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Getting Saucy!

 

FOOD FOR THOUGHT - May 12, 2004
Mark R. Vogel - Epicure1@optonline.net - Archive of other articles by Mark Vogel

Sauce making is a cornerstone to successful cooking.  A sauce can either make or break your dish.  Ages ago, when food preservation techniques were in their infancy, sauces were used to mask the foul taste of spoiled food.  This is because the sauce is the first taste sensation your mouth experiences prior to masticating the main item.  And even then, the flavor of the sauce is intermingled with the food. Nowadays sauces are used primarily for flavor, moisture, texture and color.

     Sauce making is a broad topic, deeply entrenched in French culinary history. Marie-Antoine Careme (1784-1833), a practical demigod of classic French cuisine, was the first to systematize the “mother sauces” and their derivatives. Mother sauces, otherwise known as the grand sauces, include demi-glace, (a reduced brown sauce), veloute, (a roux thickened white stock), béchamel, (a roux thickened milk sauce), tomato, and hollandaise, (a decadently rich butter and egg yolk sauce).  From these fundamental sauces, countless secondary sauces are then made, such as bordelaise, sauce supreme, béarnaise, and Mornay to name a few.  The advent of nouvelle cuisine sparked a movement away from rich, heavy, roux-thickened, time consuming sauces to lighter and simpler creations.

     Competent sauce making requires significant dexterity in two key areas.  The first is the acquisition of the requisite culinary skills. The second is the expertise in knowing suitable sauce/food pairings; much like marrying a food with a wine. Preparing sauces and properly uniting them with the appropriate foods are yardsticks by which chefs are judged. 

     In regard to matching sauces with food, there are some general guidelines.  When a cooking technique produces drippings, (as in a roast), or a fond, (the caramelized residue on the bottom of a sauté pan), they should be employed to make a sauce.  Countless pan sauces and gravies begin this way.  Likewise, if a liquid is employed to cook the food, as in a braise, or a court bouillon for poaching fish, some or all of the liquid can be incorporated into a sauce. 

     However, sauces are also made independently of the food.  Here the flavor profile of the sauce and the target food is even more critical.  This includes secondary seasoning elements in both, particularly herbs.  For example, a lemon and tarragon infused cream sauce would probably taste better on salmon than a porterhouse.  One should also consider the flavor intensity of the sauce as well as the food. A sauce should not overwhelm the food and vice versa.  Much like wine, a light and subtle sauce would not accompany a hearty roast, nor would a strong and overpowering sauce be mingled with a delicate piece of fish.  Your own palate, experience, common sense and erudition will all expand your knowledge of prudent flavor pairings.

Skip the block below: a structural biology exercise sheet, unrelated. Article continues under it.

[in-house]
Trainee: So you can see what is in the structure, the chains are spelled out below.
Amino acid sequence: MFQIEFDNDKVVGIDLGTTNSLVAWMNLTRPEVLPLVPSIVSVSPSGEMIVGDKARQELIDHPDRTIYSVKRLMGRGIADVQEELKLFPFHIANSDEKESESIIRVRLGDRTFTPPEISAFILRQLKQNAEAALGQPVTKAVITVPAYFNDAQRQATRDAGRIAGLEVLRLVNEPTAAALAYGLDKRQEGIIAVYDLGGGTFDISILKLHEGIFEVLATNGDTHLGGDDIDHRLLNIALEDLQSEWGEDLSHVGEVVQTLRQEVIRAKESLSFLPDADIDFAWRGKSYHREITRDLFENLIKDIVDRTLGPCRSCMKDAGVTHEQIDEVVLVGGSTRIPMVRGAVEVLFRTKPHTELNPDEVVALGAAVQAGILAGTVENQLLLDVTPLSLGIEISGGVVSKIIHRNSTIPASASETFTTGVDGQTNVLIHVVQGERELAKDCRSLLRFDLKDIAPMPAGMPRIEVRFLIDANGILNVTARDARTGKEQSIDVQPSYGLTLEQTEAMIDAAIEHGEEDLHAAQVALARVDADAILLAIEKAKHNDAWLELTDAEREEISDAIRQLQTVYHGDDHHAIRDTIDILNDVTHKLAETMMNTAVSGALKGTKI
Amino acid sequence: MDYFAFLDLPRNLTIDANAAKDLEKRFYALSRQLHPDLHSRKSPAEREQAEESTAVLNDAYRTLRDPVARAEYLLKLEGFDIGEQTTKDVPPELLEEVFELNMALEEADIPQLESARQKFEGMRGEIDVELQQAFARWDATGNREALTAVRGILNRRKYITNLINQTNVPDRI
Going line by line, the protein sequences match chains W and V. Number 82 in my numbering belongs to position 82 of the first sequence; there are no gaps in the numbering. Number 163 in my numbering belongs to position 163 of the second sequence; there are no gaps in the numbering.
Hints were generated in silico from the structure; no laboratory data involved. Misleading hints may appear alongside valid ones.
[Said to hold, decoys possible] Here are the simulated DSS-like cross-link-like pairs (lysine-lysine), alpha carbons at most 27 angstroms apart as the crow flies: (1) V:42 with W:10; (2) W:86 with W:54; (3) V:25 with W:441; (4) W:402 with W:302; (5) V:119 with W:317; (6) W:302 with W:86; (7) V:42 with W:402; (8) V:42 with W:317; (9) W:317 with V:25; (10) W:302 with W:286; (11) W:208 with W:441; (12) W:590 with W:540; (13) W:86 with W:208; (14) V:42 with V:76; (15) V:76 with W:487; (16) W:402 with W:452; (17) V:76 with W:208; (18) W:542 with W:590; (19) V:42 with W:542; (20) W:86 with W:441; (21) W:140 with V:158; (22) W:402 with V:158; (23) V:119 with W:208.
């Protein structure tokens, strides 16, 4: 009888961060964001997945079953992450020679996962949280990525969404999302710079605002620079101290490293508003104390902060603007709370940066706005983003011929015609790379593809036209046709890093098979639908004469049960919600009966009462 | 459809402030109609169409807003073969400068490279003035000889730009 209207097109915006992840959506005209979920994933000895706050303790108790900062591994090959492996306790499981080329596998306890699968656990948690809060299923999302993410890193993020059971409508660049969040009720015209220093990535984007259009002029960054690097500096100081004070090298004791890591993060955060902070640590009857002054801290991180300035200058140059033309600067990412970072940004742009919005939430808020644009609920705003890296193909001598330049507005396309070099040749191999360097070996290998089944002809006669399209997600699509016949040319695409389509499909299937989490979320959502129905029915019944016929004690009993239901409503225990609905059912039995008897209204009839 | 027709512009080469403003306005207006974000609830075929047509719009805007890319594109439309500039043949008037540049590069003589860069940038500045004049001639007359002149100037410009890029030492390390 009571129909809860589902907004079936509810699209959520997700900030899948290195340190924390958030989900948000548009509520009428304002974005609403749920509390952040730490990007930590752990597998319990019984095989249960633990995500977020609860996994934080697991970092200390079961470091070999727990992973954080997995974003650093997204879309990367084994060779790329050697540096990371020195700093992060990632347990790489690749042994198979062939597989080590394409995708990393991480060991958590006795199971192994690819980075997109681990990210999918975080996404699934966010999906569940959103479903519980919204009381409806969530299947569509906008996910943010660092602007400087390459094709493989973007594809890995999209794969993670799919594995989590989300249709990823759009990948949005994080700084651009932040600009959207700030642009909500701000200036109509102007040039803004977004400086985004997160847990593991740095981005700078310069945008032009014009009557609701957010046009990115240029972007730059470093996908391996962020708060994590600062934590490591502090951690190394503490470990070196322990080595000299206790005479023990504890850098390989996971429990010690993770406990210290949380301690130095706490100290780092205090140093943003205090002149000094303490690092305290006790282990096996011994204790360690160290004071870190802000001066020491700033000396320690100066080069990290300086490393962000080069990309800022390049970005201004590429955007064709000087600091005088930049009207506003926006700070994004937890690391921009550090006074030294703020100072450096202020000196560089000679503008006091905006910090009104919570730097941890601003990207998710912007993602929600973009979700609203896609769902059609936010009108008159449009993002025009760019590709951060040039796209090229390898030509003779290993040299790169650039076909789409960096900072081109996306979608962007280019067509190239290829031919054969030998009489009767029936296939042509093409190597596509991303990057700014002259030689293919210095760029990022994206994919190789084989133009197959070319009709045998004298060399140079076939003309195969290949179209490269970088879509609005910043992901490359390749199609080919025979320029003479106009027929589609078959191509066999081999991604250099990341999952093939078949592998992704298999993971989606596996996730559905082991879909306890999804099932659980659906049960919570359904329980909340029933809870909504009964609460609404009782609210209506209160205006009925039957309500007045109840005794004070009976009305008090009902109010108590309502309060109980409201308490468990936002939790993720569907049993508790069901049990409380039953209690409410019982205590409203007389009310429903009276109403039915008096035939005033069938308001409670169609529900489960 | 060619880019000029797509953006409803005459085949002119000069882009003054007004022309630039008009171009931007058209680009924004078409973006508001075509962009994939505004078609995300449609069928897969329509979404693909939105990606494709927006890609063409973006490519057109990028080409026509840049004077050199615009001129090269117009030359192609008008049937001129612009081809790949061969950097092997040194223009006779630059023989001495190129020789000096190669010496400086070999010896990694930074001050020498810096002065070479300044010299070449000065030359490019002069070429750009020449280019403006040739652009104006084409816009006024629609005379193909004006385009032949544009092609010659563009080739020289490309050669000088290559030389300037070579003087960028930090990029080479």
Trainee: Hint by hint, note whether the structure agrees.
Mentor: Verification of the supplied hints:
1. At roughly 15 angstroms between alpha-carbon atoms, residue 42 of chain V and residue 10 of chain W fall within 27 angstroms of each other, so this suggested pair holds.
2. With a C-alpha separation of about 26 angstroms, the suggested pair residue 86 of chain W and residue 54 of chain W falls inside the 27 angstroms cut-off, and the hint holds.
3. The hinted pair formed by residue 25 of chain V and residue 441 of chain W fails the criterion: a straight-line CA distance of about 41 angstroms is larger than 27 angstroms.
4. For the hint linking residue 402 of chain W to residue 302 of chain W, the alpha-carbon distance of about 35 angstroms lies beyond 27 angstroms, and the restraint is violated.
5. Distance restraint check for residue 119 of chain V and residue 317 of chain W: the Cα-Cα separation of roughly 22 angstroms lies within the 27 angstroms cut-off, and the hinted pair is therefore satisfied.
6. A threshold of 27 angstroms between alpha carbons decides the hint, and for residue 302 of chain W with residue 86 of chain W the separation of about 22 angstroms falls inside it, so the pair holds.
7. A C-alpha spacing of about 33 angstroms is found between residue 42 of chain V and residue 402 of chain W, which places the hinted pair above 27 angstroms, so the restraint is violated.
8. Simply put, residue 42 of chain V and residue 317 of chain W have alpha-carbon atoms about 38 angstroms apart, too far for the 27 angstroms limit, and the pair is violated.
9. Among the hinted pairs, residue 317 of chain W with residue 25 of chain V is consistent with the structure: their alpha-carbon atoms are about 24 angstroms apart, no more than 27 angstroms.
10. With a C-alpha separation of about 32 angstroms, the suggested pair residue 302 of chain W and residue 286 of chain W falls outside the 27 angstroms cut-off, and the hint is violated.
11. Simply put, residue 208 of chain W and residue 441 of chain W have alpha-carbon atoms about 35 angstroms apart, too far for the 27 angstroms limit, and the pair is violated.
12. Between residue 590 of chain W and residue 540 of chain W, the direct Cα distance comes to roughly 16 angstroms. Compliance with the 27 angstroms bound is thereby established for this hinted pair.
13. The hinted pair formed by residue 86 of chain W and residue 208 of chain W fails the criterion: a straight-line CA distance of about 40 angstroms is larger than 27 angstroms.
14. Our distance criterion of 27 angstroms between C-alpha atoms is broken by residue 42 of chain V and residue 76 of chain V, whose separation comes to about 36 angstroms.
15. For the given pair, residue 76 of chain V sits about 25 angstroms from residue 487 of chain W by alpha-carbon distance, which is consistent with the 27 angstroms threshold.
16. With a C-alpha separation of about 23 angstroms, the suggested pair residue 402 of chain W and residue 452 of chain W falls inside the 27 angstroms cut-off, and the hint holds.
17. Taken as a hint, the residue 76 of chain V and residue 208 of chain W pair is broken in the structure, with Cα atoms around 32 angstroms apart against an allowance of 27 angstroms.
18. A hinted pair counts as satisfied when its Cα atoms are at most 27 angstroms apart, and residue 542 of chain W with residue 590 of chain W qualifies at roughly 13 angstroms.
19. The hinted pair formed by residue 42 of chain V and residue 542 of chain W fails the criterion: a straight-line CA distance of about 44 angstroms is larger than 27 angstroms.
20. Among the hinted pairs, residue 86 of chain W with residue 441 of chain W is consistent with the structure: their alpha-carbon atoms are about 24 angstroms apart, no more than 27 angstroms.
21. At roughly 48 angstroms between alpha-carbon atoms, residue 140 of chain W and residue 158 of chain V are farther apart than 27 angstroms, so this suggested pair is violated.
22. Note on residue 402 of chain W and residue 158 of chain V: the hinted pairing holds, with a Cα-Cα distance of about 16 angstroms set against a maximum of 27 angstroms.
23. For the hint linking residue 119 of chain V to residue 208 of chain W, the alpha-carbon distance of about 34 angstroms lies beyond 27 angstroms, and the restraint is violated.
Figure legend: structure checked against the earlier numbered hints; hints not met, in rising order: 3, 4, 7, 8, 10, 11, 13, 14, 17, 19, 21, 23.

I cannot stress enough the role that stock plays in producing sauce. Stocks form the basis of innumerable sauces.  Generally speaking, chicken stock is used with fowl, fish stock with seafood, and veal stock for red meat sauces.  Vegetable stocks are also vital and are a delicious alternative for calorie counters and vegetarians seeking alternatives to meat based stocks.  

     Other fluids such as water, wine, cream, citrus juices or oil can also be the basis of a sauce.  Hot pepper sauces can be made from simmering peppers and spices in water and vinegar and then pureeing them in a blender. One may forgo the stock and utilize only wine to deglaze a pan and produce a sauce. Alfredo sauce is made from cream, butter, and cheese. Citrus juices can be substituted for vinegar to make a brightly flavored and refreshing vinaigrette. And where would pesto be without the olive oil?  Sauces can even be created from cooked vegetables, (tomato being the archetypal example), or vegetable purees.

     Other concerns include how the sauce is to be presented and the appropriate quantity.  Items with a crispy exterior, such as a breaded and pan-fried chicken breast, are often placed on top of a pool of the sauce to prevent the top from becoming soggy.  Other sauces are drizzled on the food, around it, (often for aesthetic purposes), or purposely “on the side” as in dipping sauces. 

     And that brings us to the amount. Hmmmmm.  I’m going to restrain my carnal passions and tell you the “correct” answer:  The food should not be swimming in the sauce. Excessive sauce is considered a culinary faux pas. But between you and me, use as much sauce as you like.

     We’ve barely scratched the surface of the world of sauce.  Take the time to learn more sauces and sauce making techniques and you will add to your culinary repertoire immeasurably.
 

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